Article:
“Unity” is a word that Iran’s hardline elite uses a great deal these days. Mahmoud Ahmadinejad’s televised address on 21 March 2010 on the occasion of nowrooz (Persian new year) was typical, in its reference to “the unity and solidarity of the Iranian nation”.
The Iranian president’s rhetoric here is, in its brazen disregard of the country’s reality, at least consistent. This is the man who celebrated the fraudulent presidential election of 12 June 2010 - of which he was the chief beneficiary - as an example to “the world” (no less) of a “new humanitarian and true method of democracy”. The tumultuous protest of millions of Iranians in search of justice over the election is thus dismissed with contempt in a single phrase.
Ahmadinejad has for months been able to rely on the full, brutal force of the state to crush, harass and arrest the opposition on the streets. The pitiless tactics used have included the killing of unarmed street protestors, Stalinist-style show-trials and systematic violations of prisoners.
The targets include some of Iran’s best creative talents: writers, esteemed film-makers such as Jafar Panahi, and journalists. The Committee to Protect Journalists (CPJ) estimated in March 2010 that over fifty Iranian journalists were in prison, a third of the total held worldwide. Many are, after rough interrogation and sentencing, held in the toughest conditions - being sent to Rajai-Shahr prison in Karaj (west of Tehran) where for many years Iran has imprisoned its most hardened drug-traffickers and criminals. They include Ahmad Zeidabadi, the recipient in 2010 of the prestigious Golden Pen of Freedom award of the World Association of Newspapers.
You who are now reading this short article may be Indian, German, American or Japanese. Try to imagine a national writer or columnist who makes you think and ask questions, who weaves words into profound and humane meanings that illuminate your country’s reality - and is as a result widely admired, even dearly loved, as such writers are. To many Iranians, Ahmad Zeidabadi is such a man, and his harsh imprisonment has elevated him to a hero of our time.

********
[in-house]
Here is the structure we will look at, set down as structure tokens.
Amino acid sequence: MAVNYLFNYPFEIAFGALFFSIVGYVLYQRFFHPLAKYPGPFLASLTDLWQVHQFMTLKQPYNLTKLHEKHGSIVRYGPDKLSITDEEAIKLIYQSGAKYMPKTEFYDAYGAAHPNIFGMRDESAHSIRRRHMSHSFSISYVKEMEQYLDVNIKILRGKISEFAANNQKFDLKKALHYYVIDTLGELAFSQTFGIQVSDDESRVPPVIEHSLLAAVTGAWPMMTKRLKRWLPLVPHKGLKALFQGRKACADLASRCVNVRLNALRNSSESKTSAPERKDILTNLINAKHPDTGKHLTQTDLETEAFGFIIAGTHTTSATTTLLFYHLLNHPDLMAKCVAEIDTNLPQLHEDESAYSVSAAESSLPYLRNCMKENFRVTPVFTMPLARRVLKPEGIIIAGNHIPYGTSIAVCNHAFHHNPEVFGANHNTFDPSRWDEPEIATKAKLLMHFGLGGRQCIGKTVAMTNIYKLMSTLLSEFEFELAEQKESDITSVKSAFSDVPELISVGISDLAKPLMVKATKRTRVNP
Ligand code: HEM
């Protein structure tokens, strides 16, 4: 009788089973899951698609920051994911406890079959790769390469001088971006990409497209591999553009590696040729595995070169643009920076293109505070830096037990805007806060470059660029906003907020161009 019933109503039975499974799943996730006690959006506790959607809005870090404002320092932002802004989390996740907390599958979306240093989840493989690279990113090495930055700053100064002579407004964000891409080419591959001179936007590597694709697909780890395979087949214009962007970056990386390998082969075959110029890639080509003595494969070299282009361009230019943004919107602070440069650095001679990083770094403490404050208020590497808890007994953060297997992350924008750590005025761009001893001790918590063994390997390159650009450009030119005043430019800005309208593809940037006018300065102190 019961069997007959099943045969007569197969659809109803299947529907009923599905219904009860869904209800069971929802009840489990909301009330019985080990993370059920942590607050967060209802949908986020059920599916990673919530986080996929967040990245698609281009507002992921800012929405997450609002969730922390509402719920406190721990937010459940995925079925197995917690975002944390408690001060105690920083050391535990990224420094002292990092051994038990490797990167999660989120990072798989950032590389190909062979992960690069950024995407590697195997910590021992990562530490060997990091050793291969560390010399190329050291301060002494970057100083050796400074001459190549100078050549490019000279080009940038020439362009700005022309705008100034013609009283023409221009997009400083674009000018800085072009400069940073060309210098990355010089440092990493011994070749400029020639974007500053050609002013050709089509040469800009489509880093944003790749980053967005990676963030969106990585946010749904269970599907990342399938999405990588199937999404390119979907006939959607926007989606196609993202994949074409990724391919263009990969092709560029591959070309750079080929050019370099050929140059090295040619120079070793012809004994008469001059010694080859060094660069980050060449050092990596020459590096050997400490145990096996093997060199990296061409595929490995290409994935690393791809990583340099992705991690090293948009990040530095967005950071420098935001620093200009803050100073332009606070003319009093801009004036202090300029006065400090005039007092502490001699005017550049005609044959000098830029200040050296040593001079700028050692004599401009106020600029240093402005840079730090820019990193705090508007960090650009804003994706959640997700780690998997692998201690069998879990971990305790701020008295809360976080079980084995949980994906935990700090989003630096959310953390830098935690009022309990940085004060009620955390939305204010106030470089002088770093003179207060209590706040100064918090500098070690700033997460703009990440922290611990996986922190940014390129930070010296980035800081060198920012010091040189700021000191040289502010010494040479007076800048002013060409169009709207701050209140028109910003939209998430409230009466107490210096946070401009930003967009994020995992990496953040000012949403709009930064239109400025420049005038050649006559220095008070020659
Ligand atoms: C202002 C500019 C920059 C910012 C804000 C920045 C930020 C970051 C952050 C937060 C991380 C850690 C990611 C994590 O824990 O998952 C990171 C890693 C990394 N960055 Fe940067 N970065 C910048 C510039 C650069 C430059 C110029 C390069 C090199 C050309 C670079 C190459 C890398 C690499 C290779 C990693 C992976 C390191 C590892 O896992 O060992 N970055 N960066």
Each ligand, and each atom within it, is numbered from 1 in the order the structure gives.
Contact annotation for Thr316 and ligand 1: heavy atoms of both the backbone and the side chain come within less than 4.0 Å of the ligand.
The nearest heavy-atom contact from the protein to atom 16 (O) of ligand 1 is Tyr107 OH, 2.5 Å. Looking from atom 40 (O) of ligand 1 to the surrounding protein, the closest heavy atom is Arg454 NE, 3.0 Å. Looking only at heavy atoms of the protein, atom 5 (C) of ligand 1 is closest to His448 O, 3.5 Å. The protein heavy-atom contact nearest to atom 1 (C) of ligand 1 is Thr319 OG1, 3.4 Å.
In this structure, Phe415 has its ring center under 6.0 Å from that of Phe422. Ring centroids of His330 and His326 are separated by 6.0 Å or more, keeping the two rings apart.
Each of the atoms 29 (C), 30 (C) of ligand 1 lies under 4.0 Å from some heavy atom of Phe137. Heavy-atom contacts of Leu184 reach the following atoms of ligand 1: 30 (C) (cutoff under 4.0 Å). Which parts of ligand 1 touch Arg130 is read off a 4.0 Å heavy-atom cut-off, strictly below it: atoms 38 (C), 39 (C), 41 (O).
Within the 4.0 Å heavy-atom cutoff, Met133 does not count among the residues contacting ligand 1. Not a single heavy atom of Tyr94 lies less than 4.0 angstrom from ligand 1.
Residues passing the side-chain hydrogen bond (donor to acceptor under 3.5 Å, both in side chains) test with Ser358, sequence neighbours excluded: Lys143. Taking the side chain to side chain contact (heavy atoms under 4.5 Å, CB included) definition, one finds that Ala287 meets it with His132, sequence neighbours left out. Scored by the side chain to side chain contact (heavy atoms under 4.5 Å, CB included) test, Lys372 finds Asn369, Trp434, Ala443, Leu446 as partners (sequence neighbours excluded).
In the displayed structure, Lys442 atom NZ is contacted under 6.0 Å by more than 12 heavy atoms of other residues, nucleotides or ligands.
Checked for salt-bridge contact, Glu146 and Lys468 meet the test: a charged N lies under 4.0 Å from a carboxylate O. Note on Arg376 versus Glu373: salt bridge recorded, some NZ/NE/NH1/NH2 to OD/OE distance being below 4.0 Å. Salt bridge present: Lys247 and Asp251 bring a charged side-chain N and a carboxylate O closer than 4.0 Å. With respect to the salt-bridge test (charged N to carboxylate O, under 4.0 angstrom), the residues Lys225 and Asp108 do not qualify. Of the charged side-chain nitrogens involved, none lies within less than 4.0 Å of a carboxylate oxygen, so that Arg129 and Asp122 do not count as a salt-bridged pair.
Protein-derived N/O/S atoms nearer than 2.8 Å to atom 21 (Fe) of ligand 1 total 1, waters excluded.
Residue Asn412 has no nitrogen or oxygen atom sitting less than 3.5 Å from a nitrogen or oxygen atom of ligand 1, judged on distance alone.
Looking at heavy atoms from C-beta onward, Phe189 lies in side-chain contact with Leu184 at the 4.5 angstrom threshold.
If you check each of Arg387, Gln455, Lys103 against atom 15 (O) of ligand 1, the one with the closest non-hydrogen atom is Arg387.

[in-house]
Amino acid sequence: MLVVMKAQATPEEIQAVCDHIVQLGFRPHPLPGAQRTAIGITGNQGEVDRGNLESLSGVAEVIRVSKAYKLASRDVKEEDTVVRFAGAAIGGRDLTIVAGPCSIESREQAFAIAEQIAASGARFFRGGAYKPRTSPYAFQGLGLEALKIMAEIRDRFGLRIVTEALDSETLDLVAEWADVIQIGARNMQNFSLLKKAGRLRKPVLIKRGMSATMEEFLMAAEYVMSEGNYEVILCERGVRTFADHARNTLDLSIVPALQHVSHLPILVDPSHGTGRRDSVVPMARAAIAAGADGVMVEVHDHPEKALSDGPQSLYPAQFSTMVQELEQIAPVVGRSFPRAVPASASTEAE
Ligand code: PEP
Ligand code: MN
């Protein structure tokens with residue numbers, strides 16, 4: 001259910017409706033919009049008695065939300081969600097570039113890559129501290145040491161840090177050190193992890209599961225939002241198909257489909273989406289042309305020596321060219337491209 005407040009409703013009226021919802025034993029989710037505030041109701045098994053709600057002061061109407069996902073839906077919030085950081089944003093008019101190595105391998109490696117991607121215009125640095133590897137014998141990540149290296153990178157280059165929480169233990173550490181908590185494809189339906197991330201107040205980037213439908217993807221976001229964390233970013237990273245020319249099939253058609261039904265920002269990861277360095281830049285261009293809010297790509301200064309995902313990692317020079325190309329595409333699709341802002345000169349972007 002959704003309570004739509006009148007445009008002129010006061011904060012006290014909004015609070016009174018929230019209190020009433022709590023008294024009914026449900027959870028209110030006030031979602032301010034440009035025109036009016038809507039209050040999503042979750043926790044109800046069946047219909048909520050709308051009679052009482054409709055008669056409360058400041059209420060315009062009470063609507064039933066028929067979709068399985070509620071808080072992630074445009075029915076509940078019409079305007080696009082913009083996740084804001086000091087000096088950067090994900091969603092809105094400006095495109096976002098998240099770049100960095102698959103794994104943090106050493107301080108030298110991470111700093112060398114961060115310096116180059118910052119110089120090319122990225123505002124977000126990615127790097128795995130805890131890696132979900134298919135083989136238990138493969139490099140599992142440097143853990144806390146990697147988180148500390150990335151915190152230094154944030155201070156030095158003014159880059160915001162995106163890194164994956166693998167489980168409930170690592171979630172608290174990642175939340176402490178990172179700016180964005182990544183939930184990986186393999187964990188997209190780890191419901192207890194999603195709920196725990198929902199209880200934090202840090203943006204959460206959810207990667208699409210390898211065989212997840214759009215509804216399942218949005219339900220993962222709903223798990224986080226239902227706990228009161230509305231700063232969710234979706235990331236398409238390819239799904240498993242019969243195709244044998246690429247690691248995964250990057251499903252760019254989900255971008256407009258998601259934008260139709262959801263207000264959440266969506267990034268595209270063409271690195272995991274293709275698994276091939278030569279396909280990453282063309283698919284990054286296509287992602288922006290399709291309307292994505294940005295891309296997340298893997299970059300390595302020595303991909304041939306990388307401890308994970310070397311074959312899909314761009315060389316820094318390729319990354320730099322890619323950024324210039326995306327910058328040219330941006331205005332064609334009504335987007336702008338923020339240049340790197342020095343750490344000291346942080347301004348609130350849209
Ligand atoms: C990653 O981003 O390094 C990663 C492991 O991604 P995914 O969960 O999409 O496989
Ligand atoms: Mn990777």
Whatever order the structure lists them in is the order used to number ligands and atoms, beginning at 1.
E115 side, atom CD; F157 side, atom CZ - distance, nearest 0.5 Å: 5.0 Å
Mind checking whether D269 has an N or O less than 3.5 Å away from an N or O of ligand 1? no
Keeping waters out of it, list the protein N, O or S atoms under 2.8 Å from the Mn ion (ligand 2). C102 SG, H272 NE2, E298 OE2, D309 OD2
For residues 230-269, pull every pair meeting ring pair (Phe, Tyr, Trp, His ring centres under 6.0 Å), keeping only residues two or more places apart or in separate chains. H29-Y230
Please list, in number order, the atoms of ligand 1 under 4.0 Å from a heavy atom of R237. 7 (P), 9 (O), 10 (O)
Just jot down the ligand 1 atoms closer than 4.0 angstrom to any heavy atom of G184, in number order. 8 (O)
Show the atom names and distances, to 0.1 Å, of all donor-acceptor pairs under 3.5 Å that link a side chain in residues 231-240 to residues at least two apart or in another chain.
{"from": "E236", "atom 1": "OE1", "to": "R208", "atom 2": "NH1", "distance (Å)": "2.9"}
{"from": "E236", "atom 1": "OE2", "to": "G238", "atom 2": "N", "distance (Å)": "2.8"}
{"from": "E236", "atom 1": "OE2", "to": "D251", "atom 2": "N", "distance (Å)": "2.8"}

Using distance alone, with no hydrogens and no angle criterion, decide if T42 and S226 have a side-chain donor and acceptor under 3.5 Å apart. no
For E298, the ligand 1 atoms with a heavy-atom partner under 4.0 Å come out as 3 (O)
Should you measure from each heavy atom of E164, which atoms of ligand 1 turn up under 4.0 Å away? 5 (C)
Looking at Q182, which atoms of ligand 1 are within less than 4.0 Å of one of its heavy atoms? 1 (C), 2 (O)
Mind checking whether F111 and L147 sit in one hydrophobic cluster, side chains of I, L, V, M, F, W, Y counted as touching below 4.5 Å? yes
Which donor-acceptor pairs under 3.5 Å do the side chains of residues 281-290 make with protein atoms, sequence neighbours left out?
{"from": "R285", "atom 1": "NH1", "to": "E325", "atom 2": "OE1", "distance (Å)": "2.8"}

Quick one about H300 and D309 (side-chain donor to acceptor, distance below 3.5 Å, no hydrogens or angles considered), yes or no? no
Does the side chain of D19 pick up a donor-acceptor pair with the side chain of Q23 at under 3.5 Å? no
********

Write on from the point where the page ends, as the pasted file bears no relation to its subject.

The tough call
Bahareh Hedayat belongs to another group of Iranians that has been among the most active in the protests, most brave in its defiance, and most repressed by the state’s basij militia and other official thugs: she is a student leader, arrested (as she had been in 2007 and after the June election) on 31 December 2009 and held since in Tehran’s Evin prison. Bahareh is not alone and I write of her merely as an example of many other conscientious activists who have endured staggering hardship in these epic months.
Bahareh is an elected representative of the traditionally male-dominated Tahkim Vahdat, the national student union formed after a decree issued by Ayatollah Khomeini at the dawn of the 1979 revolution. It gradually acquired legitimacy by conducting free elections in which Iran’s entire student population voted; it thus evolved into an independent, pro-democracy organisation and one of the state’s most vocal critics.
Bahareh’s interrogation, which had kept her in isolation from her fellow-prisoners, ended in March 2010. But as further punishment she was transferred from Evin’s section 209 (for “political” detainees) to section 350 (a women’s unit); a high-security section which houses those convicted of drug-trafficking and murder among other tough crimes.
Iranian prisoners in certain categories qualify for the right to make one three-minute telephone-call per week. For Bahareh, the natural day to make contact with the outside world was 6 April: both her 29th birthday and her wedding anniversary. Her husband Ahmad Aminian, her family and friends and a group of her student-union colleagues gathered in her small flat to wait for the call. Bahareh did call that evening - and was able to talk for as long as she wanted, for her hardened fellow-inmates had turned over to her their own precious allocation.
The long walk
On the eve of the election in June 2009, a Tehran doctor called Sahar told me of her reluctant decision to vote for Mahmoud Ahmadinejad’s closest rival, the reformist candidate Mir-Hossein Moussavi. Today, she embraces her choice with notable enthusiasm. “I know many others who voted for Mir-Hossein, but I have yet to meet a single person who regrets that decision. Ahmadinejad has his unbending fans too. But in our clinic I have seen too many patients who admit to having been Ahmadinejad voters first time round and who now can see through his daily lies and feel crushed by the rising prices”
Sahar adds: Moussavi has “stood up against all the pressures in a way we never expected. His close family members were imprisoned, they shot dead his nephew, and yet he goes on with great dignity and wisdom. I could never have dreamed of such a great leader. He is our Mandela”.
From such evidence Moussavi has yet to disappoint his great numbers of supporters. The true winner of the presidential election said on 8 April 2010 that the Islamic Republic was “losing its credibility and legitimacy", and that “we will stand up till our problems are solved". He added that “today we witness that our prisoners have become the people’s heroes” who are proof of [the state’s] ineffectual stand against the people’s movement and their demands”.
In these remarks, Mir-Hossein Moussavi honours Bahareh Hedayat, Ahmad Zeidabadi, and thousands like them. The prisoners are indeed the people’s heroes. Iranians’ long walk to freedom, whether they are inside or outside, continues.
First published in OpenDemocracy.
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